U.S. Reps Host Equal Pay Day Roundtable

Press Release

By:  Debbie Wasserman Schultz
Date: April 9, 2013
Location: Fort Lauderdale, FL

This year marks 50 years since President John F. Kennedy signed the Equal Pay Act of 1963, and yet today in 2013, women still earn 77 cents for every dollar earned by a man.

Tuesday, April 9 is National Equal Pay Day, representing the date in the current year through which women must work to match what men earned in the previous year. It reminds us of the work still ahead in order to achieve equity and an America where everyone gets an equal day's pay for an equal day's work.

The challenge of balancing work and family has also been in the news lately, and to talk about that and other issues, U.S. Reps. Debbie Wasserman Schultz (FL-23) and Ted Deutch (FL-21) joined with Corporate Voices for Working Families and local businesses for a roundtable discussion on Tuesday, April 9 at the Fort Lauderdale Woman's Club. Leaders from national and South Florida businesses and organizations came together to talk about equal pay, workplace flexibility, teleworking, paid leave, financial security, and other issues.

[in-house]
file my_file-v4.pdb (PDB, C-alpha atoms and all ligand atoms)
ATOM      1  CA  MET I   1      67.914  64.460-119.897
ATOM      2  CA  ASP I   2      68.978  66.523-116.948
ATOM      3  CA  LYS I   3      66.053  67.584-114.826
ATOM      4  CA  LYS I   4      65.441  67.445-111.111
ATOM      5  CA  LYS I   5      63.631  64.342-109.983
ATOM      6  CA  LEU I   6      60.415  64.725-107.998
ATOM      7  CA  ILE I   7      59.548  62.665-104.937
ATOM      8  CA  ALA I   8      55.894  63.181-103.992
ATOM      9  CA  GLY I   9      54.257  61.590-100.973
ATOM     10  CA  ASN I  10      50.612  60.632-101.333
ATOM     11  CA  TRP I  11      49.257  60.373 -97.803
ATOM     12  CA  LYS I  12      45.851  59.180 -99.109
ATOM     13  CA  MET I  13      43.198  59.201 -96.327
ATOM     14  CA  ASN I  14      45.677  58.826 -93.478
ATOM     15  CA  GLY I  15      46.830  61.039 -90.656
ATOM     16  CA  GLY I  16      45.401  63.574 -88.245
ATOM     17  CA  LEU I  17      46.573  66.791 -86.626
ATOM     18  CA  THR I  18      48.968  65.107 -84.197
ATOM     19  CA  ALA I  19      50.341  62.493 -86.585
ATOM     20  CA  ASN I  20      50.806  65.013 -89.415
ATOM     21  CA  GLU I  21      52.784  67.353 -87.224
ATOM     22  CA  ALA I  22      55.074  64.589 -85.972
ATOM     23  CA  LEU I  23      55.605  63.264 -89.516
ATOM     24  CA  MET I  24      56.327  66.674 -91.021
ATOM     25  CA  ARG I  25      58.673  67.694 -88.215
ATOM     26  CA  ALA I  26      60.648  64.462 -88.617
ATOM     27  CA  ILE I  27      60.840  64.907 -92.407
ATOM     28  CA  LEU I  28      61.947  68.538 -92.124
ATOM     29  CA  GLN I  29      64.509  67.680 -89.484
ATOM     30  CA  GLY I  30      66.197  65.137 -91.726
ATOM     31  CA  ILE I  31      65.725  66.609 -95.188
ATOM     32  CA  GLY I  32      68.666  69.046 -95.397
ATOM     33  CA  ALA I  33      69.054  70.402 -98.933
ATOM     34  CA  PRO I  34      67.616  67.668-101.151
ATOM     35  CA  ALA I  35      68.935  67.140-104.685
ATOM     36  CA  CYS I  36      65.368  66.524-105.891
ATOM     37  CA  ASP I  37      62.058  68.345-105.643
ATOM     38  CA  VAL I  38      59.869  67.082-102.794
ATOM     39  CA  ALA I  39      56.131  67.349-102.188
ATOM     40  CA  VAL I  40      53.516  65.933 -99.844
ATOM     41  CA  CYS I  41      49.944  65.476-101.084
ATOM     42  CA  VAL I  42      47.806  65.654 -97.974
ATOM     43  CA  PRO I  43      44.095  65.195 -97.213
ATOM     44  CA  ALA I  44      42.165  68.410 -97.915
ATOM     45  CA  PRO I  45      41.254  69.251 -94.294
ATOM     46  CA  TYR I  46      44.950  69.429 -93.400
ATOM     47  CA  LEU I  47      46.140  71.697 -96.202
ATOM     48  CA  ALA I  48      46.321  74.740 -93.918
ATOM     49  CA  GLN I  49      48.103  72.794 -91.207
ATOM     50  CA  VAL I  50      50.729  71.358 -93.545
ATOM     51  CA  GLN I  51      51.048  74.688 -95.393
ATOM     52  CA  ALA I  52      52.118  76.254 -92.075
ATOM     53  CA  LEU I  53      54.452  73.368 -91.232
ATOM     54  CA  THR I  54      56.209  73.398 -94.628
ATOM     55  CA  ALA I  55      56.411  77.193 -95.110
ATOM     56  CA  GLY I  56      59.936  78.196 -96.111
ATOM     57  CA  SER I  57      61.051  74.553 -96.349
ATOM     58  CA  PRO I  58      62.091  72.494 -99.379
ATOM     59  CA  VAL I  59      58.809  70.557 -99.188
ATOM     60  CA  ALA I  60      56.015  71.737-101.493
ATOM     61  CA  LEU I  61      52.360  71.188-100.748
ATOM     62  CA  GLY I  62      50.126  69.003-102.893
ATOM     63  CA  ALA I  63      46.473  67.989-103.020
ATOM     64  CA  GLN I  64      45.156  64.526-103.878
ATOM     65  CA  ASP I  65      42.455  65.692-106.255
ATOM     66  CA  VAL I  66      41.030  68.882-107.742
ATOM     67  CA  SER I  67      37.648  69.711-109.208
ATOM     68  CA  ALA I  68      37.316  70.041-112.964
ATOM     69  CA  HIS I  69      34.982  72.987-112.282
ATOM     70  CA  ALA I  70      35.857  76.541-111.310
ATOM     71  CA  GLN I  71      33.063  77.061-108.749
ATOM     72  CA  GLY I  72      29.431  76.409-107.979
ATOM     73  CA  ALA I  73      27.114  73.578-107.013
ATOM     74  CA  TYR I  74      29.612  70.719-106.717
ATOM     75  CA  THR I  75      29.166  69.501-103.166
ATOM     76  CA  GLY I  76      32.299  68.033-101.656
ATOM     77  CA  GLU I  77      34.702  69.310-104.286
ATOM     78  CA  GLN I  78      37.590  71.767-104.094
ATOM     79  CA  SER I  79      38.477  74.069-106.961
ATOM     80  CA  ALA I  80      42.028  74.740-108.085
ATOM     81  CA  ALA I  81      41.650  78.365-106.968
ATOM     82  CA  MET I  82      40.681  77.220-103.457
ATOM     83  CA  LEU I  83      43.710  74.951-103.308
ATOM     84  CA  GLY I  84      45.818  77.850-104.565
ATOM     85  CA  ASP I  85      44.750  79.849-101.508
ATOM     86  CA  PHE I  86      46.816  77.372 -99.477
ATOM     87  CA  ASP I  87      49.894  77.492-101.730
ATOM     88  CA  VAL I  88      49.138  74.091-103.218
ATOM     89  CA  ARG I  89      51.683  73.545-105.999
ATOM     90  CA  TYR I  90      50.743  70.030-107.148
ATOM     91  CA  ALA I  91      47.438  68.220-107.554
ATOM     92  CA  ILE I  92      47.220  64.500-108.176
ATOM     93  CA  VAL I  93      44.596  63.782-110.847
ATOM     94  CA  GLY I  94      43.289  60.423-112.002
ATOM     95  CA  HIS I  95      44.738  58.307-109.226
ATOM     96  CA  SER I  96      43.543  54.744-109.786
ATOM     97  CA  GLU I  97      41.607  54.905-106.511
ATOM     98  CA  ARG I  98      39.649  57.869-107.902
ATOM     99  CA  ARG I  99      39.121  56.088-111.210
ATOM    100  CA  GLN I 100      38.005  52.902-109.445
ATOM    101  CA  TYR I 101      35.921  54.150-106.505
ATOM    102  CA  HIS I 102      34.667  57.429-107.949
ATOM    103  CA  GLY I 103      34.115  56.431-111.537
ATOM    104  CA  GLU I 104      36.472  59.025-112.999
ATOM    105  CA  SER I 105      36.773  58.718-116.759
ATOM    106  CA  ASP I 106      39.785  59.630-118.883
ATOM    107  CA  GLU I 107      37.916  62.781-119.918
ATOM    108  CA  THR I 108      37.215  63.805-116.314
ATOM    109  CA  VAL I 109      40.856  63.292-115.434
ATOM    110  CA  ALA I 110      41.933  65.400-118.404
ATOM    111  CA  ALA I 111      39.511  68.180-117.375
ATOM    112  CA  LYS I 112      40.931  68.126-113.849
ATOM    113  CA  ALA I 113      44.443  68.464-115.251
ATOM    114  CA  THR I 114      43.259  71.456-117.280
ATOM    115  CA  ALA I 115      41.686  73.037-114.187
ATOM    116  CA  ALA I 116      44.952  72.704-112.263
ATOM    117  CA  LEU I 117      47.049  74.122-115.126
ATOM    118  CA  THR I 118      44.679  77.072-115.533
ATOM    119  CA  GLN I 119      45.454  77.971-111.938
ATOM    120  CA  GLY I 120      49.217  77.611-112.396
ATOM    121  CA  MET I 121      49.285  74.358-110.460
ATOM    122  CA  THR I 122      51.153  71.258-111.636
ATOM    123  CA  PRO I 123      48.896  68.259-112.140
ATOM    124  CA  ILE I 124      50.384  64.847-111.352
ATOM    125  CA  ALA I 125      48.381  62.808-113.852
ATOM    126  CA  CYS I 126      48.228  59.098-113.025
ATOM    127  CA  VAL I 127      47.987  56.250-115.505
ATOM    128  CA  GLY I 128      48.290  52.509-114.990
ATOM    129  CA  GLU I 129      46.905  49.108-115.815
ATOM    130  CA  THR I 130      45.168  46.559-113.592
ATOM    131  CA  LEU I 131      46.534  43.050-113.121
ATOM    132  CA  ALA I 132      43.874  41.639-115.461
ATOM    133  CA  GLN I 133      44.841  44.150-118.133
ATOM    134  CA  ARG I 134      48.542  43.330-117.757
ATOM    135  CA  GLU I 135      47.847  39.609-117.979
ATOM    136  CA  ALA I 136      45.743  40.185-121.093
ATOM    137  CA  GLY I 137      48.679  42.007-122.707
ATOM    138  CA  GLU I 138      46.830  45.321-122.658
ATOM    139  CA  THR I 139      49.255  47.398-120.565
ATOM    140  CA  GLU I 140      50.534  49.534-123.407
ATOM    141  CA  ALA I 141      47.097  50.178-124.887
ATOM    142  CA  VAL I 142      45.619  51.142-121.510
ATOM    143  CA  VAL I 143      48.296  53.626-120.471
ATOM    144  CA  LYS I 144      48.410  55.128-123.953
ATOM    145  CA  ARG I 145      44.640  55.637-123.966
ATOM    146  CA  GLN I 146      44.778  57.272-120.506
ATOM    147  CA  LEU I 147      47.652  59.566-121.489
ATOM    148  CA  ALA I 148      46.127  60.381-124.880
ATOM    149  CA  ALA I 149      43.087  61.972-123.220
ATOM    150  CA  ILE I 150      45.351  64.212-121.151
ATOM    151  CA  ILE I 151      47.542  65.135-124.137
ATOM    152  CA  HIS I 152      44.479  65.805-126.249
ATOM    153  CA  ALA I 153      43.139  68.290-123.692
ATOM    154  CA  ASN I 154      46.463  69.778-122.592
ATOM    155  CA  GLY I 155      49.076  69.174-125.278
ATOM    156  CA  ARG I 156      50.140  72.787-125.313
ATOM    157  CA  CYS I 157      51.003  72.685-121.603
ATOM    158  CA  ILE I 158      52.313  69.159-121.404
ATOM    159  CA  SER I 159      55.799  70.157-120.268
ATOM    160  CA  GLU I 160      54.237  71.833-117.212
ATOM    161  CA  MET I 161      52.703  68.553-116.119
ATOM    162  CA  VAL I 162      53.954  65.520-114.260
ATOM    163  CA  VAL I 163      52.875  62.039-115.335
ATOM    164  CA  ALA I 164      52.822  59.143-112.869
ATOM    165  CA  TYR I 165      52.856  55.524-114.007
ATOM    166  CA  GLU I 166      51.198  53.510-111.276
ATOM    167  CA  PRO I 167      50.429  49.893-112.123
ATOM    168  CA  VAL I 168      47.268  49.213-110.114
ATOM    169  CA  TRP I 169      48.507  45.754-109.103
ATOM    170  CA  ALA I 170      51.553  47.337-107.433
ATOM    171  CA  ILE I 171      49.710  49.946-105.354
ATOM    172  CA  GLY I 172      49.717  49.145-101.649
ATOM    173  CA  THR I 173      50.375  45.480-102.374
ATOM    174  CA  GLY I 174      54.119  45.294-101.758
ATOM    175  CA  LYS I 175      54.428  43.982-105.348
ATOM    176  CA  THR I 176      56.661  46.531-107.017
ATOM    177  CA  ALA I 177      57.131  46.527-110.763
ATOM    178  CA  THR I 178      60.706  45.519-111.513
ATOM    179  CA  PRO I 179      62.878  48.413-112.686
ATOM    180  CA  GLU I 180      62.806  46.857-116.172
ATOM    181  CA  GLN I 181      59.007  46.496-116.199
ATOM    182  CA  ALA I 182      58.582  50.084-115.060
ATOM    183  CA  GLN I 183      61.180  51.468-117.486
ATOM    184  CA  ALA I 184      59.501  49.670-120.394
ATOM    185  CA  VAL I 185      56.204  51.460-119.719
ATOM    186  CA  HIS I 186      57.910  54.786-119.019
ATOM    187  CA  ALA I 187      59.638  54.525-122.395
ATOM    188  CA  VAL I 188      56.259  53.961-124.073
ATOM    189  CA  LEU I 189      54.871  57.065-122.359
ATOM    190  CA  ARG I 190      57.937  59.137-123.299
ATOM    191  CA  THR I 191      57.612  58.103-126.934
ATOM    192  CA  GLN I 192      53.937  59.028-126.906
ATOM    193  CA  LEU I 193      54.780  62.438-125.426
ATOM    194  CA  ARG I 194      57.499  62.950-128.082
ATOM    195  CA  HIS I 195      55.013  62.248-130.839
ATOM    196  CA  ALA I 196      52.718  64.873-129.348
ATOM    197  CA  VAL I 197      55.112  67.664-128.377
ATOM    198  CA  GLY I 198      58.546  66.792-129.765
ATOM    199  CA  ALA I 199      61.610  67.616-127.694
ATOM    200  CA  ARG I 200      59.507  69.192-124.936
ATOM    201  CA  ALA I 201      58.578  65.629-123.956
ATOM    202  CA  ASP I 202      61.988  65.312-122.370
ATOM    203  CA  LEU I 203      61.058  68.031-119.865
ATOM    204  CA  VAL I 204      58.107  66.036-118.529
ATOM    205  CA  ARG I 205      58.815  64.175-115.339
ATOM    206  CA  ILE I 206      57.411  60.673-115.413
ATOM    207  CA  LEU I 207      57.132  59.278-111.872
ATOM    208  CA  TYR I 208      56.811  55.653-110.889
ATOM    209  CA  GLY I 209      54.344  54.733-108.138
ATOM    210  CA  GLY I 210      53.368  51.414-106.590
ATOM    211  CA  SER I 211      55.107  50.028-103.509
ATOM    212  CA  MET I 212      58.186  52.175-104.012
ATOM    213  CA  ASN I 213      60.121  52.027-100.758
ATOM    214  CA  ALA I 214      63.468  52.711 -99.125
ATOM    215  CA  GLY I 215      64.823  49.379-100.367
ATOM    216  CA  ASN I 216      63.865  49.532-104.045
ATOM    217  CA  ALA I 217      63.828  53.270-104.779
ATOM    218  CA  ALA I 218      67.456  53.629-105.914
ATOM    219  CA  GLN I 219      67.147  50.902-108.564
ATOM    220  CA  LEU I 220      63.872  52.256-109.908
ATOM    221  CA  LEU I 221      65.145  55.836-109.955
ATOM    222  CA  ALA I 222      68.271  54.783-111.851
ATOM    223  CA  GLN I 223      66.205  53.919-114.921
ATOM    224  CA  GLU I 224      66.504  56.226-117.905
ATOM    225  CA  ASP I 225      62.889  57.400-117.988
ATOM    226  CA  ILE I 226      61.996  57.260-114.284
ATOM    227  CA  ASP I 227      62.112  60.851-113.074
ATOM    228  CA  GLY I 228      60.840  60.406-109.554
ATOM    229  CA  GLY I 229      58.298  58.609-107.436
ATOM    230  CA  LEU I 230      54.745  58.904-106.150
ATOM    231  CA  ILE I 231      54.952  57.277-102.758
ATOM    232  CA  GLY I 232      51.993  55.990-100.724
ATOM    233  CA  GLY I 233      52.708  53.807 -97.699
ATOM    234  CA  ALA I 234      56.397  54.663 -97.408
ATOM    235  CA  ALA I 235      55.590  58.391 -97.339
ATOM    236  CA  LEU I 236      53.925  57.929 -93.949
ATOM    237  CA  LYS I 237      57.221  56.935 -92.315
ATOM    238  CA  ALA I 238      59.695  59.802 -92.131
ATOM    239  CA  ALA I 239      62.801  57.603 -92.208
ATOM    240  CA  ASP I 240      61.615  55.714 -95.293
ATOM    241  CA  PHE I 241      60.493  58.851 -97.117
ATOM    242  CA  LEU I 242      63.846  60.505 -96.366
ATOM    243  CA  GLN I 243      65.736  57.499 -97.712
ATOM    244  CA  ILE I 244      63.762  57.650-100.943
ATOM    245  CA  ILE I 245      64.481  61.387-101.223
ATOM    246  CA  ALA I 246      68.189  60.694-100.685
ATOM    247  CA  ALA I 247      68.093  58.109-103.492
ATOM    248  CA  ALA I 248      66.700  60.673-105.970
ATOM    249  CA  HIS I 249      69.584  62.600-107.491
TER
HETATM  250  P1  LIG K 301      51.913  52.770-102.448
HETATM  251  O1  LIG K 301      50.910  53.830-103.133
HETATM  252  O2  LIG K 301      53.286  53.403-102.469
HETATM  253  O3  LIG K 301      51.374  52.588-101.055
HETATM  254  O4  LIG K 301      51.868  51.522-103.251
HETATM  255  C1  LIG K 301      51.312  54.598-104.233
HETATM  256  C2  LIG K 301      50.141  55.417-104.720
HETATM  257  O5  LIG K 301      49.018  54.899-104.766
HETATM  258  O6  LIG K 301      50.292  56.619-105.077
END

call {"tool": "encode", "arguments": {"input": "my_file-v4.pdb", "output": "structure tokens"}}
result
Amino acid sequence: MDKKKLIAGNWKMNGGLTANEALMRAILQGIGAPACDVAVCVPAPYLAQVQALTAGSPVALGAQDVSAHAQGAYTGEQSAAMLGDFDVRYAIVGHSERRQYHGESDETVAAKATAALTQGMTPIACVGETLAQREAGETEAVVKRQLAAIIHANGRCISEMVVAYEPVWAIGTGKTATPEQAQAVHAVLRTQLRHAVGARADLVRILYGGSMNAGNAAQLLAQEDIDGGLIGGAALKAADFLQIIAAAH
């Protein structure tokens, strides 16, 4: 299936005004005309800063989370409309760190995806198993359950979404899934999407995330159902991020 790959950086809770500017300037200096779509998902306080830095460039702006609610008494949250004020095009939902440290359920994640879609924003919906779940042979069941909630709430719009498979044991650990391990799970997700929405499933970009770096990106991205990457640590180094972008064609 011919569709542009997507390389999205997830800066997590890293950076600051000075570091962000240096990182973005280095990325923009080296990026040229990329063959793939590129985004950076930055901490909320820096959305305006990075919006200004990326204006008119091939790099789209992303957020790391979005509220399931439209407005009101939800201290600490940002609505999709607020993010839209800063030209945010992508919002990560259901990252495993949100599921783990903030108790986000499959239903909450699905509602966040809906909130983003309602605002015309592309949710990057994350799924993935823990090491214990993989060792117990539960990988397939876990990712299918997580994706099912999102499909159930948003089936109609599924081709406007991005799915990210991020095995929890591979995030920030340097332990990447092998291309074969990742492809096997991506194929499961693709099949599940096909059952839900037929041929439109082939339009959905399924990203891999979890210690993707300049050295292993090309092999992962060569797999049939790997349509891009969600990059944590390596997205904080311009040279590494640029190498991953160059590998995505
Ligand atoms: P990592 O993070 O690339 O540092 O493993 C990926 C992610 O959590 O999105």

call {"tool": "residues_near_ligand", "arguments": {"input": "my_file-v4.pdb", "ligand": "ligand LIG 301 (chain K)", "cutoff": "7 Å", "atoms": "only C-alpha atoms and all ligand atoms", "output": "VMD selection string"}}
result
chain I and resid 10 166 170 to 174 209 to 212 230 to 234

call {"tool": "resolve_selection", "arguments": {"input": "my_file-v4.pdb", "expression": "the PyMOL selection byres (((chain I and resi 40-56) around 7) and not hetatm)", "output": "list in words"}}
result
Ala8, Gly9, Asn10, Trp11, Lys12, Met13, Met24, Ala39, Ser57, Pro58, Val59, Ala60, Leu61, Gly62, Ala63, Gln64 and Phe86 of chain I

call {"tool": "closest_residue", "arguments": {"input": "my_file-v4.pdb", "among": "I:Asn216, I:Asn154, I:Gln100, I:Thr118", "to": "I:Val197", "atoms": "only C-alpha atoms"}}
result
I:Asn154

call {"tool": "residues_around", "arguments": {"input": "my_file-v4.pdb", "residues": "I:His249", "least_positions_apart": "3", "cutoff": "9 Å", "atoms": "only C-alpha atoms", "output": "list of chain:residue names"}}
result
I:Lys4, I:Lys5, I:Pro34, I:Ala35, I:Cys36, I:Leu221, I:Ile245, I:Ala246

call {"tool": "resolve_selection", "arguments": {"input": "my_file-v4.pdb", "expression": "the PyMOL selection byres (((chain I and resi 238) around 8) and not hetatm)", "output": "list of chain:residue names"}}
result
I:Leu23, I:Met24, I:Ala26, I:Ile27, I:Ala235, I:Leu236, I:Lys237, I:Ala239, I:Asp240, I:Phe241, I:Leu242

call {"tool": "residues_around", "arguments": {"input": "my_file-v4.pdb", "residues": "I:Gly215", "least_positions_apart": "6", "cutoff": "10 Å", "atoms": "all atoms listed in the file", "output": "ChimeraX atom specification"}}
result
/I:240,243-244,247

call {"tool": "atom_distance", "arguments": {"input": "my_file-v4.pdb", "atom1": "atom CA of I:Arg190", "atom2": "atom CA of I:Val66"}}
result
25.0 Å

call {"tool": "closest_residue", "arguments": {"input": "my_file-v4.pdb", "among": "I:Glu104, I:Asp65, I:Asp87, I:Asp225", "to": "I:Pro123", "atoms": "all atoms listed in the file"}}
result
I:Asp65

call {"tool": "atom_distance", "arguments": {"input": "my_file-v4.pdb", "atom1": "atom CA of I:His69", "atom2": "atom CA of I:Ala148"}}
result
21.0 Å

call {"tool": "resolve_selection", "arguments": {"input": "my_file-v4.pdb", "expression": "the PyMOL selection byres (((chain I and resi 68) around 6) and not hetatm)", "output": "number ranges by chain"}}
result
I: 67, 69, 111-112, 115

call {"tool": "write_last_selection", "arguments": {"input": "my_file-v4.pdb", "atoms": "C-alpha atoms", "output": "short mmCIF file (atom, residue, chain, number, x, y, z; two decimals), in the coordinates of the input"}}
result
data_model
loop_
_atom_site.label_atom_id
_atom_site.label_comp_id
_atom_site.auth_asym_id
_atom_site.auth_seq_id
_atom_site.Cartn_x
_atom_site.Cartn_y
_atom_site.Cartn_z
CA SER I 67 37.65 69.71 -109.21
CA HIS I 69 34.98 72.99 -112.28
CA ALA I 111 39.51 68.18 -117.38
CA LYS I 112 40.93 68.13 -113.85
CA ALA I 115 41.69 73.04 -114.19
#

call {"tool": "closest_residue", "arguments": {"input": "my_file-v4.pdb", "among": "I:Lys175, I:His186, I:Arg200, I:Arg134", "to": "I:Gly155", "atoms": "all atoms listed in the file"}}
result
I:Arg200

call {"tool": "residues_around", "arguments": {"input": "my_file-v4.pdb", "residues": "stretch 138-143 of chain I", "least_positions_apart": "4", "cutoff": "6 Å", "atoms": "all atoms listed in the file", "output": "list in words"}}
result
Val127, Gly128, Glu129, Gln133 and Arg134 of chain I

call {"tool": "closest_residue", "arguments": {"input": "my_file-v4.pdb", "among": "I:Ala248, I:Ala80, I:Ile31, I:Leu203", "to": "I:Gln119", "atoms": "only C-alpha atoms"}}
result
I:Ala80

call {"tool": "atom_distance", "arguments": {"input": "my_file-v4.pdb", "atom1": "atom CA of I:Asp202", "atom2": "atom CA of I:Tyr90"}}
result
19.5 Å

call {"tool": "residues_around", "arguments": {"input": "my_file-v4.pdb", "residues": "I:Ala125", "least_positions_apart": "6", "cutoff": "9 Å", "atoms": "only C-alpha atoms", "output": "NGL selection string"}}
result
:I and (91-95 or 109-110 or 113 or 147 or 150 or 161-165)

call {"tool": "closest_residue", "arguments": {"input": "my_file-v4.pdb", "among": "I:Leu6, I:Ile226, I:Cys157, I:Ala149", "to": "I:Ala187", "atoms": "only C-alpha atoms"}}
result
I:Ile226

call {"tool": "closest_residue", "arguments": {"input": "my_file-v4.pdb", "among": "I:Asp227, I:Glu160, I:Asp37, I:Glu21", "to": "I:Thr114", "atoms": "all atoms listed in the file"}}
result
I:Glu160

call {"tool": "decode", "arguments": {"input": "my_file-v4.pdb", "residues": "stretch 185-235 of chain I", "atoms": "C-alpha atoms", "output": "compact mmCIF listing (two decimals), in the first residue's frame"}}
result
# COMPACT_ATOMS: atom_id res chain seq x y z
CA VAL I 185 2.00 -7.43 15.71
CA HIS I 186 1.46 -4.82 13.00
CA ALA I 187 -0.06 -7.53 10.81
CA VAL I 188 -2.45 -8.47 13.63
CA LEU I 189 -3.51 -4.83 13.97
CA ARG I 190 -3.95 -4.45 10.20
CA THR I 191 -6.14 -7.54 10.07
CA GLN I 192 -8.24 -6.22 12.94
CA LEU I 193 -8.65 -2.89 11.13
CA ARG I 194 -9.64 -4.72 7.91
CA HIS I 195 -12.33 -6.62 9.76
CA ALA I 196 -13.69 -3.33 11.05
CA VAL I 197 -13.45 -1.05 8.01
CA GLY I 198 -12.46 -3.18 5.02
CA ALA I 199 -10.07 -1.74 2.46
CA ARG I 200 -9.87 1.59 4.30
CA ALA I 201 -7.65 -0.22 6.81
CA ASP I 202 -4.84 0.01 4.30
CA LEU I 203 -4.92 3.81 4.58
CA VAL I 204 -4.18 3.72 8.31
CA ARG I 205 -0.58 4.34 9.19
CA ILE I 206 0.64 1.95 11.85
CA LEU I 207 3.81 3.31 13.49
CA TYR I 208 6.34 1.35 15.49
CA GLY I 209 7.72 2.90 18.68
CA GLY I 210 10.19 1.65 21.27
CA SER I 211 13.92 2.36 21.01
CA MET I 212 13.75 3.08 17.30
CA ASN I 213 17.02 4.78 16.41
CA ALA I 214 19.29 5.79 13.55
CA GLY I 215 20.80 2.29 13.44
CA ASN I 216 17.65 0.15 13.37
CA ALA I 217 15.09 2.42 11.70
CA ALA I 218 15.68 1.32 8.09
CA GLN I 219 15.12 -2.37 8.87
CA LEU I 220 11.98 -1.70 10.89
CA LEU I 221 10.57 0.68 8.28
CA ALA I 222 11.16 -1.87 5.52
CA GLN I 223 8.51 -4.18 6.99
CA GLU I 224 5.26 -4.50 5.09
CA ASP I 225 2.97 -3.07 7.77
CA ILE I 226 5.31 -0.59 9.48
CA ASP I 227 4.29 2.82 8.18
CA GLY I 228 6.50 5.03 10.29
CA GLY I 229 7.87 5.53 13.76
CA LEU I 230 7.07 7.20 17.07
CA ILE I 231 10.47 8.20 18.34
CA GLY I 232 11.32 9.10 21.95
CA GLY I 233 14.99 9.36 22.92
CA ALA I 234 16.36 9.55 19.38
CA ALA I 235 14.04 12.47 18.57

"As we pause to recognize Equal Pay Day, we acknowledge that we've made great strides since 1963, but our work is not yet done," said Rep. Wasserman Schultz. "It is time to pass the Paycheck Fairness Act, to recognize the value of working women, and to ensure fair and equitable workplaces in America.

"This morning's roundtable discussion was important to figure out where we are now and how we can work together toward pay equity and create flexible work environments for all employees. I look forward to the day when parents in America can tell their children that they can be anything they want when they grow up -- and be compensated fairly for it."

The moderator for the roundtable was Donna Klein, the Executive Chair and CEO of Corporate Voices for Working Families, the leading national business membership organization shaping conversations and collaborations on public and corporate policy issues involving working families.